Nancy Kalembe is the only women candidate in Uganda’s General Election that kicked off Thursday morning.
There are 11 candidates seeking to oust President Yoweri Museveni who has been in power for the last 35 years.
During her campaigns, Ms Kalembe, who is running as an independent candidate, has been maintaining that Uganda needs a change of leadership from that of President Museveni adding she believes she’s the right woman for the job.
She blames Museveni, who has been in power since 1986, for the economic woes currently facing the country. Economic recovery features prominently in Ms Kalembe’s plan if she is elected as the country’s top executive.
In her presidential campaign manifesto 2021-2026 under the theme “leaving no one behind”, Ms Kalembe talks about building a strong and vibrant economy.
The youthful presidential aspirant notes that youths must be empowered to improve locally owned companies through the expansion of road network, water access, internet connectivity and electricity access.
“I want to serve and change peoples mind-sets to participate in the economy and also benefit from it with their abilities and skills,” Ms Kalembe says in her manifesto.
She adds that her focus will also be channeled to improving healthcare, education, infrastructure, and creation of jobs.
On infrastructure, Ms Kalembe has promised a transport recovery plan if elected. She observes that the development of water, railway and road transport networks have previously focused on where resources are, hence leaving out certain people particularly those living in rural areas from contributing and accessing from the economy.
She has also promised a robust post-Covid-19 recovery plan focusing on helping thousands of businesses affected by the pandemic get back on their feet if she is elected to the country’s highest office.
Following the Covid-19 pandemic, many parts of the world including Uganda were on lockdown which affected the economy.
Her plan entails empowering community businesses, farming, job creation, land security and putting in place response teams for disasters and pandemics.
Ms Kalembe says the Covid-19 lockdown affected businesses and there is need to put in place interventions if any, like stimulating business recovery and sustained resilience.
“Even though the government has partially lifted the lockdown, many businesses are yet to recover from the effects of the deadly pandemic. They need to be helped to get back on their feet,” she noted.
Fighting land grabbing
Stopping land grabbing in the agricultural rich country is also top on her agenda arguing due to land grabbing in Uganda, people cannot produce goods and contribute to the economy.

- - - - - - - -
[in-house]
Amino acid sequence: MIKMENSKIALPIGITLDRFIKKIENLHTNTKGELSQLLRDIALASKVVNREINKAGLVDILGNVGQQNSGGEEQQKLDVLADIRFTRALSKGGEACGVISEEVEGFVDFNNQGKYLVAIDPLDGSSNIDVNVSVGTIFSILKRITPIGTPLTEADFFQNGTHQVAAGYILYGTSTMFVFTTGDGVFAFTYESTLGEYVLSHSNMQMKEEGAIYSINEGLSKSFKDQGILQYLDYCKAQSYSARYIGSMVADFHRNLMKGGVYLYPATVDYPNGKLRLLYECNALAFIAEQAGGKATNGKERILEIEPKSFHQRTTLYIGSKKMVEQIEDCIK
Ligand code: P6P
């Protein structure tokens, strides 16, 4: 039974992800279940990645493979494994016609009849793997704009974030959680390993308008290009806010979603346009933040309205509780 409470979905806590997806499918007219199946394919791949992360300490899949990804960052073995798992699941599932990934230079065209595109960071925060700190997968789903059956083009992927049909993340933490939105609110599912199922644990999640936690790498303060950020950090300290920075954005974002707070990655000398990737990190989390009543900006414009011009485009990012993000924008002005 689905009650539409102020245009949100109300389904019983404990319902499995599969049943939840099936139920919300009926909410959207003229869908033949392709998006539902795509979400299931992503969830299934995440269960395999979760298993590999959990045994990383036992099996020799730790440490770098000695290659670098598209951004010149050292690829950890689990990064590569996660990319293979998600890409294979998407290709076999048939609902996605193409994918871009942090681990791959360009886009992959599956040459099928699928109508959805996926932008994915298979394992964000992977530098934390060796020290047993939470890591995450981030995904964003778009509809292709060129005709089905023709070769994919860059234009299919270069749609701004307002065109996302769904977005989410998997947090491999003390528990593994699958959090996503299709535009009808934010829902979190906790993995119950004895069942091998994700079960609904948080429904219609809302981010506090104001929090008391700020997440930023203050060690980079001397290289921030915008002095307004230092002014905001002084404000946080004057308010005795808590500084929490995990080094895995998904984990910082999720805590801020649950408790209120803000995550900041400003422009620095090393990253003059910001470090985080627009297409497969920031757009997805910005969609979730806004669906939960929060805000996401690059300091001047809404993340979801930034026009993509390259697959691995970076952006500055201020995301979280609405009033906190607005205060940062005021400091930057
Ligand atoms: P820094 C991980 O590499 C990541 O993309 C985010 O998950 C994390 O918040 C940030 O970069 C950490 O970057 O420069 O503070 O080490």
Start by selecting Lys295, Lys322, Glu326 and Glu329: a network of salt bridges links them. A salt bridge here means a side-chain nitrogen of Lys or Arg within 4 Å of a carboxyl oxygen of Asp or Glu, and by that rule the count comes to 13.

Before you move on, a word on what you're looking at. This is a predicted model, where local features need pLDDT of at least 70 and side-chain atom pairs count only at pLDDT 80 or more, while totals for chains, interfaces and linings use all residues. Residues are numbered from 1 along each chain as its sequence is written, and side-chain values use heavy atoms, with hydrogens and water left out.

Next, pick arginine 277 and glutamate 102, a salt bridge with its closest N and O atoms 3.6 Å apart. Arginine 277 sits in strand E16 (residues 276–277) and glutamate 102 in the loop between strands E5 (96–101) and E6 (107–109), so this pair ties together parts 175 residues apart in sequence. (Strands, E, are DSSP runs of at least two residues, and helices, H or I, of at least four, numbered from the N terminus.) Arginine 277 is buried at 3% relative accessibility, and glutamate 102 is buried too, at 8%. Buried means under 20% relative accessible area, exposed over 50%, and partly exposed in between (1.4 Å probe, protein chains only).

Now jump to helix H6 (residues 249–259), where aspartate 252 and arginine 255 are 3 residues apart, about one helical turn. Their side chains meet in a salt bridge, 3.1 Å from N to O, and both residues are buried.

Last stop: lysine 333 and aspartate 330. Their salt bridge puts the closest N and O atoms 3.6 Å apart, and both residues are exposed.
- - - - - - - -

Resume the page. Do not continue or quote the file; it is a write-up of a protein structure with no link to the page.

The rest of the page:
She says by minimising on land grabbing, many Ugandans will have collateral to business or merge with others who have the human and financial capital to start up small firms in the country.
She will, however, have to contend with a 2016 Research World International poll that showed 53 per cent of respondents in Uganda saying they were safer in the hands of a male president.
Born 41 years ago, Ms Kalembe is a Bachelor of Science in Population Studies graduate from Makerere University.
In a past interview with a local media station in November last year, Ms Kalembe dismissed calls to have her get married saying she needed God and not a husband to give her identity.
Robert Kyagulanyi popularly known as Bobi Wine of the National Unity Platform is however seen as the major challenger to the 76-year-old president and his National Resistance Movement (NRM) party.
The 38-year-old ragga star has used his popularity with Uganda’s youthful population to endear himself to the masses thus posing a major threat to Museveni’s 35 years in power.
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Uganda is an overwhelmingly young country with two-thirds of registered voters being younger than 30.
While security forces have cracked down on the opposition at previous polls, the run-up to this year’s vote has been especially violent.
In November last year, 54 people were killed as soldiers and police quelled protests after Mr Wine was arrested.
UN Secretary-General Antonio Guterres early this week called on Ugandan authorities, particularly the security forces, to respect human rights in the run-up to the presidential election after one the bloodiest election campaigns in decades.
“I encourage all political actors and their supporters to publicly commit to conduct their political activities peacefully and refrain from incitement to violence or hate speech,” Guterres spokesman Stephane Dujarric said.